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The Elegance of Distributed Lethality

Tuesday, December 22nd, 2020

[by J. Scott Shipman]

In April of 2017 I was honored to speak at a Naval Postgraduate School Littoral Operations Center “Littoral Op-Tech” event in Cartagena, Columbia. This was supposed to be my last Op-tech event, as I was winding down the effort to make our submersible boat a reality. As it turned out, I was in Halifax, Nova Scotia about a year later—and that was my swan song.


The core of this talk was based on four bullet points the late Wayne Hughes wrote on a piece of paper sometime in 2016 and asked me to deliver to VADM Tom Rowden. I had mentioned that I was scheduled to be in a meeting with the admiral the following week, so Wayne wrote four bullet points as points of departure for Admiral Rowden to consider as he attempted to execute his “distributed lethality” concept. The bullets were: Distributed Influence, Distributed Competition, Distributed Confrontation, and Distributed Interdiction. I made a copy and referred to them frequently and added to the list as I thought appropriate. Later in email correspondence, Wayne filled out his ideas of these bullet points and allowed me to use when I told him about this idea for the talk. These bullets are identified with (WPH).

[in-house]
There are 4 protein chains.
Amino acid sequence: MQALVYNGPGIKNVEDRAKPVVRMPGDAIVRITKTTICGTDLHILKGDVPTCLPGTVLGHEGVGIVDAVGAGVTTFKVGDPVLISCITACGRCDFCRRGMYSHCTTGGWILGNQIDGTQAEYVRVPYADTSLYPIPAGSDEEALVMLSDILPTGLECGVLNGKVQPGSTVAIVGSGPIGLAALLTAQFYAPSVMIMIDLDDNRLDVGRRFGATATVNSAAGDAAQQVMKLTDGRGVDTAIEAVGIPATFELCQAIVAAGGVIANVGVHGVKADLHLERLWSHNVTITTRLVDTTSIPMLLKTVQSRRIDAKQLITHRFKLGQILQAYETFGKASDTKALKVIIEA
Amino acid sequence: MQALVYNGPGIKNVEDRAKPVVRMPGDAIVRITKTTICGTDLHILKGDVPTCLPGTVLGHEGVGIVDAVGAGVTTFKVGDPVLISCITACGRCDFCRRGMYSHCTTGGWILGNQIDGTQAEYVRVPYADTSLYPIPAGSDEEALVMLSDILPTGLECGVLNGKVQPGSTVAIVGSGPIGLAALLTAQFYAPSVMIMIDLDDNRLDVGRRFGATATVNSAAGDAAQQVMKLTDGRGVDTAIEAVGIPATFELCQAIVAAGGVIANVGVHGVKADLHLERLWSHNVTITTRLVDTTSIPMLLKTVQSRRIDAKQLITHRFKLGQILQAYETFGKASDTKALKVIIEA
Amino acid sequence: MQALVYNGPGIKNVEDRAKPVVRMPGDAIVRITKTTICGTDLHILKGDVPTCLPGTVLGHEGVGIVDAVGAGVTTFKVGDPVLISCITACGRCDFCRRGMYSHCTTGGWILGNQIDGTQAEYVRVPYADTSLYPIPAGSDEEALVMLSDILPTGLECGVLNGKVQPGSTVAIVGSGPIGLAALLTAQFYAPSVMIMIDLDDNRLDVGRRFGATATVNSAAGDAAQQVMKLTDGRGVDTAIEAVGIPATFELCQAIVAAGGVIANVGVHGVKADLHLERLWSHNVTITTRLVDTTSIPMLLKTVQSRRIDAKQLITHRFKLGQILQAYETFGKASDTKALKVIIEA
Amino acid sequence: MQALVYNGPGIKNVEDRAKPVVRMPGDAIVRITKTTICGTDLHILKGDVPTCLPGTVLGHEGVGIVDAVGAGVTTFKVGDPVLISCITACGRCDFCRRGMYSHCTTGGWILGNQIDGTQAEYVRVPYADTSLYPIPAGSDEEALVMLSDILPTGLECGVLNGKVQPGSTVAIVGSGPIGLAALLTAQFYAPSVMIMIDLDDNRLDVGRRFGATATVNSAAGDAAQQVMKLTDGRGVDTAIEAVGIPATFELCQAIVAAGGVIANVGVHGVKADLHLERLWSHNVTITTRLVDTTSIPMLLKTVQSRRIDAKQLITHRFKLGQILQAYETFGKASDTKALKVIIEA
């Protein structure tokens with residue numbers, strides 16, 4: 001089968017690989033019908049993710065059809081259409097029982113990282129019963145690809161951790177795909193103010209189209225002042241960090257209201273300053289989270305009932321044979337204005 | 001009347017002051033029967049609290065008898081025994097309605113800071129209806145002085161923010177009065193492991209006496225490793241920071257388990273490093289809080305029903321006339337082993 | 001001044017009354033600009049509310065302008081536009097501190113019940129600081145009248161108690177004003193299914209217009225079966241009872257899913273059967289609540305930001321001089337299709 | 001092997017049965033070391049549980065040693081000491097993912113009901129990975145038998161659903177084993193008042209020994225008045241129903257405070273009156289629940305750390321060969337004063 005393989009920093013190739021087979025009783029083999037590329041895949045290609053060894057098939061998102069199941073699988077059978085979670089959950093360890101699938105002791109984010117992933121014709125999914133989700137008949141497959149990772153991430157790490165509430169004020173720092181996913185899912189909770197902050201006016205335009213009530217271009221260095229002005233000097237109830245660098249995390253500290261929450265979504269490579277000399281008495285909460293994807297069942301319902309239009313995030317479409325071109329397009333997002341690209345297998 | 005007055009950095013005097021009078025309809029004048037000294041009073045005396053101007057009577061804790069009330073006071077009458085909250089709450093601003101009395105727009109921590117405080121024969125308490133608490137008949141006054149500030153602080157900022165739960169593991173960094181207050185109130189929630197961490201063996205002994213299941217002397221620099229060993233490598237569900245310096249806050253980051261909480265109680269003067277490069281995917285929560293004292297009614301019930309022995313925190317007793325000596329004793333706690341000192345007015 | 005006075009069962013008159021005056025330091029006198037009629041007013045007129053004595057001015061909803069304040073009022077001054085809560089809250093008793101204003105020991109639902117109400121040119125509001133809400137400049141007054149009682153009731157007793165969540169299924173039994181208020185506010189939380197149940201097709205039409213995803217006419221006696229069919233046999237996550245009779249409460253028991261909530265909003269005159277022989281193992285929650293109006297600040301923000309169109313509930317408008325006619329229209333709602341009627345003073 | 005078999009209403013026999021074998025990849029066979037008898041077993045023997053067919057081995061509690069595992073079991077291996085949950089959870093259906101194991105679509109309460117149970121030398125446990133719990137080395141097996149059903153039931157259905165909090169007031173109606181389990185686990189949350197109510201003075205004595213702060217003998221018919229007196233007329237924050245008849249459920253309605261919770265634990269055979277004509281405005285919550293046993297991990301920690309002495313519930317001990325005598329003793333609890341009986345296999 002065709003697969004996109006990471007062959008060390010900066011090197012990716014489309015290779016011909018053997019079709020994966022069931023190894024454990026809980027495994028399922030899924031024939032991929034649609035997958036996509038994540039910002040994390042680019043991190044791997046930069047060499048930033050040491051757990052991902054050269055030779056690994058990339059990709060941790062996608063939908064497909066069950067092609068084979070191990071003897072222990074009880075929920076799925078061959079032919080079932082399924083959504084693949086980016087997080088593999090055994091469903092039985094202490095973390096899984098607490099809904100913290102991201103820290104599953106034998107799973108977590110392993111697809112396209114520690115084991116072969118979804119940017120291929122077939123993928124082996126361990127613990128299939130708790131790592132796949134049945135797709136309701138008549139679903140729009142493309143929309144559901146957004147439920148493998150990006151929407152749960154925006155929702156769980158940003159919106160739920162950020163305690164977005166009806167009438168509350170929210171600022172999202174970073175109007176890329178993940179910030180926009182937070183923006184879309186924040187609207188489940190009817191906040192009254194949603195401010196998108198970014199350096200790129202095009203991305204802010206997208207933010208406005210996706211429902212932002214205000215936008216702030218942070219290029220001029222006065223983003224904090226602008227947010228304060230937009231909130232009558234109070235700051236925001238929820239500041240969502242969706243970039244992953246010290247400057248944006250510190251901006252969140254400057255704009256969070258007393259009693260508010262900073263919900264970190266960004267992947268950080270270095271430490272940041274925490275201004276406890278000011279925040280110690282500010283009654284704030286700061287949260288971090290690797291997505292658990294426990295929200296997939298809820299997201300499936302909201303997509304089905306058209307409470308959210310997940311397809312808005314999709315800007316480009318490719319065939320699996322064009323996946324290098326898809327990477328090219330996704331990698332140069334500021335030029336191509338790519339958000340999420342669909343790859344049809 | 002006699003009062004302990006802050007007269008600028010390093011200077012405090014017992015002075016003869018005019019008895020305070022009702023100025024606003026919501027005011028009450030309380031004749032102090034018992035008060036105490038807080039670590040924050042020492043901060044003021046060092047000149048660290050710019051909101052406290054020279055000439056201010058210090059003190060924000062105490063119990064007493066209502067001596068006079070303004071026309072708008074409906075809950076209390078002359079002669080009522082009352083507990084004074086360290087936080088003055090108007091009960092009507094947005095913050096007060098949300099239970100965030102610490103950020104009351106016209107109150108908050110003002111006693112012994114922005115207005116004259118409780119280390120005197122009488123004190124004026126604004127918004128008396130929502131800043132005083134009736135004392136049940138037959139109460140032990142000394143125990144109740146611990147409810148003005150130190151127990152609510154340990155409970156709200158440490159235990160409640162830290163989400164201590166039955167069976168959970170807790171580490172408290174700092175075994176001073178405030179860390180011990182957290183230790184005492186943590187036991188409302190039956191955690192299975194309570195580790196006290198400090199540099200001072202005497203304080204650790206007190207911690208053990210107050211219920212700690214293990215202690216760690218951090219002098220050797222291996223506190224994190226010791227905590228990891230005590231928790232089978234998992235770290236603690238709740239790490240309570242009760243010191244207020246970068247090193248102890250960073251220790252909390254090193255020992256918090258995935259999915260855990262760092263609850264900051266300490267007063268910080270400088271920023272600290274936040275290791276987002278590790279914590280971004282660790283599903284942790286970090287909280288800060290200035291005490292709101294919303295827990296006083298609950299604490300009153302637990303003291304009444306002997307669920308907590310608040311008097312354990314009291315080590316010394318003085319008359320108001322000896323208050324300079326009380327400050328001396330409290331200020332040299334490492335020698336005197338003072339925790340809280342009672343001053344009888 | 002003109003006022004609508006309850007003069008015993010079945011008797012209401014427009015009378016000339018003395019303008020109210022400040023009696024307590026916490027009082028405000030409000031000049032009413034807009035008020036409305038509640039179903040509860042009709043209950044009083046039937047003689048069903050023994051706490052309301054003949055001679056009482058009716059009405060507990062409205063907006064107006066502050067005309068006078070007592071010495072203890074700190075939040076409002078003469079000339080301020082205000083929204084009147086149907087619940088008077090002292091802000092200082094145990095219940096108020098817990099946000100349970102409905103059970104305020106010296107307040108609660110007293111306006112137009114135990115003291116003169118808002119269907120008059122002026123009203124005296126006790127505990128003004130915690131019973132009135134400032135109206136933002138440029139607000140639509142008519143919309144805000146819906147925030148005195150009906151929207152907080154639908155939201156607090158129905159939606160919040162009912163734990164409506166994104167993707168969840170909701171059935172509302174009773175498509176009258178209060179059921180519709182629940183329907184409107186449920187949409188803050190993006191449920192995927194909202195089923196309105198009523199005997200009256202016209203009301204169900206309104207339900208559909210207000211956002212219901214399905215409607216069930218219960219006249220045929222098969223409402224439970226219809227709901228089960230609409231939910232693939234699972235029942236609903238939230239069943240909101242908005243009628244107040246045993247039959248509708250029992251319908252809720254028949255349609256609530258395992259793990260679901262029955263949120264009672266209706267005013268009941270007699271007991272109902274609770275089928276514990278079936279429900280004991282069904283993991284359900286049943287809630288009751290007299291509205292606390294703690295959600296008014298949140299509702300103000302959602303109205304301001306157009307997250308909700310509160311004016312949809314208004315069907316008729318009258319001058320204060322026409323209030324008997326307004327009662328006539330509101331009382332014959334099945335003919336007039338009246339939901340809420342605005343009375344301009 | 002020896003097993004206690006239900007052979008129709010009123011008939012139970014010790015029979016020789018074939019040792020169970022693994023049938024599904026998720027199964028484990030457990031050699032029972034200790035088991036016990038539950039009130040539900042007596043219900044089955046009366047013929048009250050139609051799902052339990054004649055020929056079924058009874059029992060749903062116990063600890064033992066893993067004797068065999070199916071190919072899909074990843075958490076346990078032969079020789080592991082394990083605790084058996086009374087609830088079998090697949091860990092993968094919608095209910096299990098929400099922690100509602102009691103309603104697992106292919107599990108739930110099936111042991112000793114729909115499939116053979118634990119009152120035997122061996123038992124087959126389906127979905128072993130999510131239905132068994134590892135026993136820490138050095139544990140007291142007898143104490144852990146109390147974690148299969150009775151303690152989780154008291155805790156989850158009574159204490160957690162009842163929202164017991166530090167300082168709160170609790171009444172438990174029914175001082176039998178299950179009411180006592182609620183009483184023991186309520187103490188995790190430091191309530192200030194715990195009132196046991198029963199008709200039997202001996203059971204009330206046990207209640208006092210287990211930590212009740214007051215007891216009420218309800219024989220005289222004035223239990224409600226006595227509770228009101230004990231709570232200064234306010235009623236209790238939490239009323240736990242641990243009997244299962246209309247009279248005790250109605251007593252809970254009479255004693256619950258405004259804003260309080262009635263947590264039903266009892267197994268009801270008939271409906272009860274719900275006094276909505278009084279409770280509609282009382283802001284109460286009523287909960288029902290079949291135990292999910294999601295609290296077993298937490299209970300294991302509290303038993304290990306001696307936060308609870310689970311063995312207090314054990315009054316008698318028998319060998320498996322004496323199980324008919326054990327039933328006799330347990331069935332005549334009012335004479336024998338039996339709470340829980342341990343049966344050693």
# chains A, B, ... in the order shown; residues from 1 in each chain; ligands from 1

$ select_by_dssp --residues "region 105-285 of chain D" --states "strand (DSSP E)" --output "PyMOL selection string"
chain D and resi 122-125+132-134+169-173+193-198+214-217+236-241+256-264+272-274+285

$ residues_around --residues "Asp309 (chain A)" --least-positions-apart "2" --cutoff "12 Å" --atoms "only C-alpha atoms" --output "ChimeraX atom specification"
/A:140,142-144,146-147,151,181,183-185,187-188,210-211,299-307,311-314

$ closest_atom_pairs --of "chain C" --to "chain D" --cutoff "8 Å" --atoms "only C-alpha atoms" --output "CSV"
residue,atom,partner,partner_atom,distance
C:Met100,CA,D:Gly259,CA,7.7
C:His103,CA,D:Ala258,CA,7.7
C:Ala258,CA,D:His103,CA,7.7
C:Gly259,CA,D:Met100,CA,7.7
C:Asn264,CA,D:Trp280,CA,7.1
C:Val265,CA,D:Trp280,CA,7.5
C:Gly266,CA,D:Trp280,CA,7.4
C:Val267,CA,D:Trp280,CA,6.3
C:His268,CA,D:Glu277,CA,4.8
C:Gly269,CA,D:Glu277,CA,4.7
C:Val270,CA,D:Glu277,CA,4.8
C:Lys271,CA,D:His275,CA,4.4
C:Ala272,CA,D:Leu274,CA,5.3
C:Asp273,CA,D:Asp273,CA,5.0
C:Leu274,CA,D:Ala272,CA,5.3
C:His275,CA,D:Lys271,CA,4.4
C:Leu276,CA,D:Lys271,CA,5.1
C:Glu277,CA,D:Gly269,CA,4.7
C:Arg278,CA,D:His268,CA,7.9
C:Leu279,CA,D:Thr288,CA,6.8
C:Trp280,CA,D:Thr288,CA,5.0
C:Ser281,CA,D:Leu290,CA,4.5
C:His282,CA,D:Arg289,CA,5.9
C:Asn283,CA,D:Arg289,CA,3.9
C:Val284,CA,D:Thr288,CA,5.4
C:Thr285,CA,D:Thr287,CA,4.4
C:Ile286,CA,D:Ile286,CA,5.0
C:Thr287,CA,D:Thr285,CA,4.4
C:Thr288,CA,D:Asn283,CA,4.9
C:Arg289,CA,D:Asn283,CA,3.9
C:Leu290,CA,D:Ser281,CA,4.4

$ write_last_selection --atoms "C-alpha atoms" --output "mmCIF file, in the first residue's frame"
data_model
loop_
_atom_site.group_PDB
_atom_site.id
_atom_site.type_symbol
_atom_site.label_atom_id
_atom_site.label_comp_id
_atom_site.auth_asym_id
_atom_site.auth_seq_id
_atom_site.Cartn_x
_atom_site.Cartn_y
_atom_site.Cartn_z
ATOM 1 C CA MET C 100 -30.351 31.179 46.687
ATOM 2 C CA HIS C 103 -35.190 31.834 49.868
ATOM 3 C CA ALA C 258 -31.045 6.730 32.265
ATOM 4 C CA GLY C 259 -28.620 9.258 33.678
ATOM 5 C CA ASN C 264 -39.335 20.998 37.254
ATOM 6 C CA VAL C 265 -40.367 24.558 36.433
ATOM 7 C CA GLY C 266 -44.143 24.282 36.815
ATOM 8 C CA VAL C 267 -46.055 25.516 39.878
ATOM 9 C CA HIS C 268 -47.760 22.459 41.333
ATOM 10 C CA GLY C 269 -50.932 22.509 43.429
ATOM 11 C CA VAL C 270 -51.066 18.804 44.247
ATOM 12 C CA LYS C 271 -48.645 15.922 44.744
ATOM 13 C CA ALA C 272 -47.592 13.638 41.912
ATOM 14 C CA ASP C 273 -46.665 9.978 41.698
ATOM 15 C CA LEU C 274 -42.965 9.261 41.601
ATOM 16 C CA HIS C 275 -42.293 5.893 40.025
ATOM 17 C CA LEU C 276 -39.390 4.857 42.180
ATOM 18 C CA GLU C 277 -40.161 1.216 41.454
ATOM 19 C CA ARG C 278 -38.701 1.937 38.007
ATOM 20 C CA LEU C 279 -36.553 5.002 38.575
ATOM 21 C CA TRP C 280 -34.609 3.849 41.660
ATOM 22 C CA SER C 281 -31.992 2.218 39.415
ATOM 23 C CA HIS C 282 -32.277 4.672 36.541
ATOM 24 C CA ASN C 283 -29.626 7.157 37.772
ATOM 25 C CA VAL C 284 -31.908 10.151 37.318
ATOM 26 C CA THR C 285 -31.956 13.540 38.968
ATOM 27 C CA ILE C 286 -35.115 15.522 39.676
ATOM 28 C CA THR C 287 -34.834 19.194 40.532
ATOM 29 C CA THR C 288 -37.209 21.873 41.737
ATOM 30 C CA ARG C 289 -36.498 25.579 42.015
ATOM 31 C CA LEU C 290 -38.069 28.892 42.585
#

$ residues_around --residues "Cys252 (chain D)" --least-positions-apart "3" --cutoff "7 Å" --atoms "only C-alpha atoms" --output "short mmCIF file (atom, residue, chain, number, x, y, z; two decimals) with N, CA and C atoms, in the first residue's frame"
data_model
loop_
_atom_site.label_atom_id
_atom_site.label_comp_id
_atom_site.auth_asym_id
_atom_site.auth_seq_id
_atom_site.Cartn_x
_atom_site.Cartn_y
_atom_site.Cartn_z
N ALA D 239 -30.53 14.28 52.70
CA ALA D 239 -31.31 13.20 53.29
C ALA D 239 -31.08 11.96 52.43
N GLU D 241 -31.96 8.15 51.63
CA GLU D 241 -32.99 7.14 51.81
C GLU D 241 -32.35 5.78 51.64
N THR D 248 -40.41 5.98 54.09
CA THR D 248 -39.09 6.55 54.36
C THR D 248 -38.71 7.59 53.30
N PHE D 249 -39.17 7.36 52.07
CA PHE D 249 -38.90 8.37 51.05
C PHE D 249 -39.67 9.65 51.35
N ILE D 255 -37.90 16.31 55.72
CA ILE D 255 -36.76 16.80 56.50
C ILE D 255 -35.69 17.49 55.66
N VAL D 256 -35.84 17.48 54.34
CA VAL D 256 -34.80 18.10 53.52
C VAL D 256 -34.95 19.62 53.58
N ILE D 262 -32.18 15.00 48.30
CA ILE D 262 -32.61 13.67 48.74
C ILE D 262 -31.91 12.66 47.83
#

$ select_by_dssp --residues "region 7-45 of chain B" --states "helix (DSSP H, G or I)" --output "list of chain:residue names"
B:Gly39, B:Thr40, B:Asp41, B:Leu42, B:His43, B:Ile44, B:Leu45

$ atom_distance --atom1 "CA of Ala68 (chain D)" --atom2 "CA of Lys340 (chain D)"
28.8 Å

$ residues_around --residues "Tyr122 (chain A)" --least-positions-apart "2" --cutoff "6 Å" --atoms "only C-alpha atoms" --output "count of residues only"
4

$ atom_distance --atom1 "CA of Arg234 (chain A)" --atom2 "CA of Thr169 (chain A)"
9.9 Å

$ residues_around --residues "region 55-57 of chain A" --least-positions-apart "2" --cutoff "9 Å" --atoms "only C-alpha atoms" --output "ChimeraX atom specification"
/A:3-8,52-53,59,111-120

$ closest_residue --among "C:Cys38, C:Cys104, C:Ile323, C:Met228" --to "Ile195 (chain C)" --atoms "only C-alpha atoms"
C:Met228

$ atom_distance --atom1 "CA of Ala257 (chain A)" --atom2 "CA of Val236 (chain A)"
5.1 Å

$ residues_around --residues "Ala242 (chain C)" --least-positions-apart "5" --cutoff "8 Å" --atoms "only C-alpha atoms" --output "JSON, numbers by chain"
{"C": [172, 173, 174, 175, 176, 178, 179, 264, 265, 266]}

As far as I know, Distributed Lethality as a focus evaporated when VADM Rowden retired, but in my opinion his initiative was refreshing and much needed. Perhaps this little missive will resurrect some interest and spark new interest.


If this collection of ideas seems a bit “all over the map,” it is because it is. The talk was meant to be given with slides, and to generate discussion. This is also my first foray back to blogging in too many years. I apologize in advance it this is too long and conversational—or too navy-centric. Charles left some big shoes to fill.

Setting the stage with quotes and ideas:


“…strikes may in all instances be necessary but they will not in all instances be sufficient to achieve a national military purpose…[and] a fleet is incomplete which has not elements that can operate in waters next to the enemy coast.” From Fleet Tactics and Coastal Combat, Second Edition, pg 249-250 by Wayne P. Hughes, Jr., CAPT, USN, Ret (emphasis added).


“Where missiles are concerned, the contest between the offense and defense is marked by a serious differential in starting points. In practical terms, the offense has a huge and nearly motionless target to hit and needs to hit it only once. One large missile warhead is equivalent to something like five or ten direct hits by a sixteen-inch gun. The defense, on the other hand, is required to intercept an extremely fast and quite agile flying object, sometimes hardly detectable in the various phases of its trajectory, which can be launched from any operational dimension and often—for design purposes, every time—completely by surprise.” From The Littoral Arena; A Word of Caution, by RADM Yedidia “Didi” Ya’ari, Israel Navy, Naval War College Review, Summer 2014 (emphasis added) (this was a reprint suggested by Wayne Hughes who wrote, A Prophet For Our Times to accompany the rerelease.)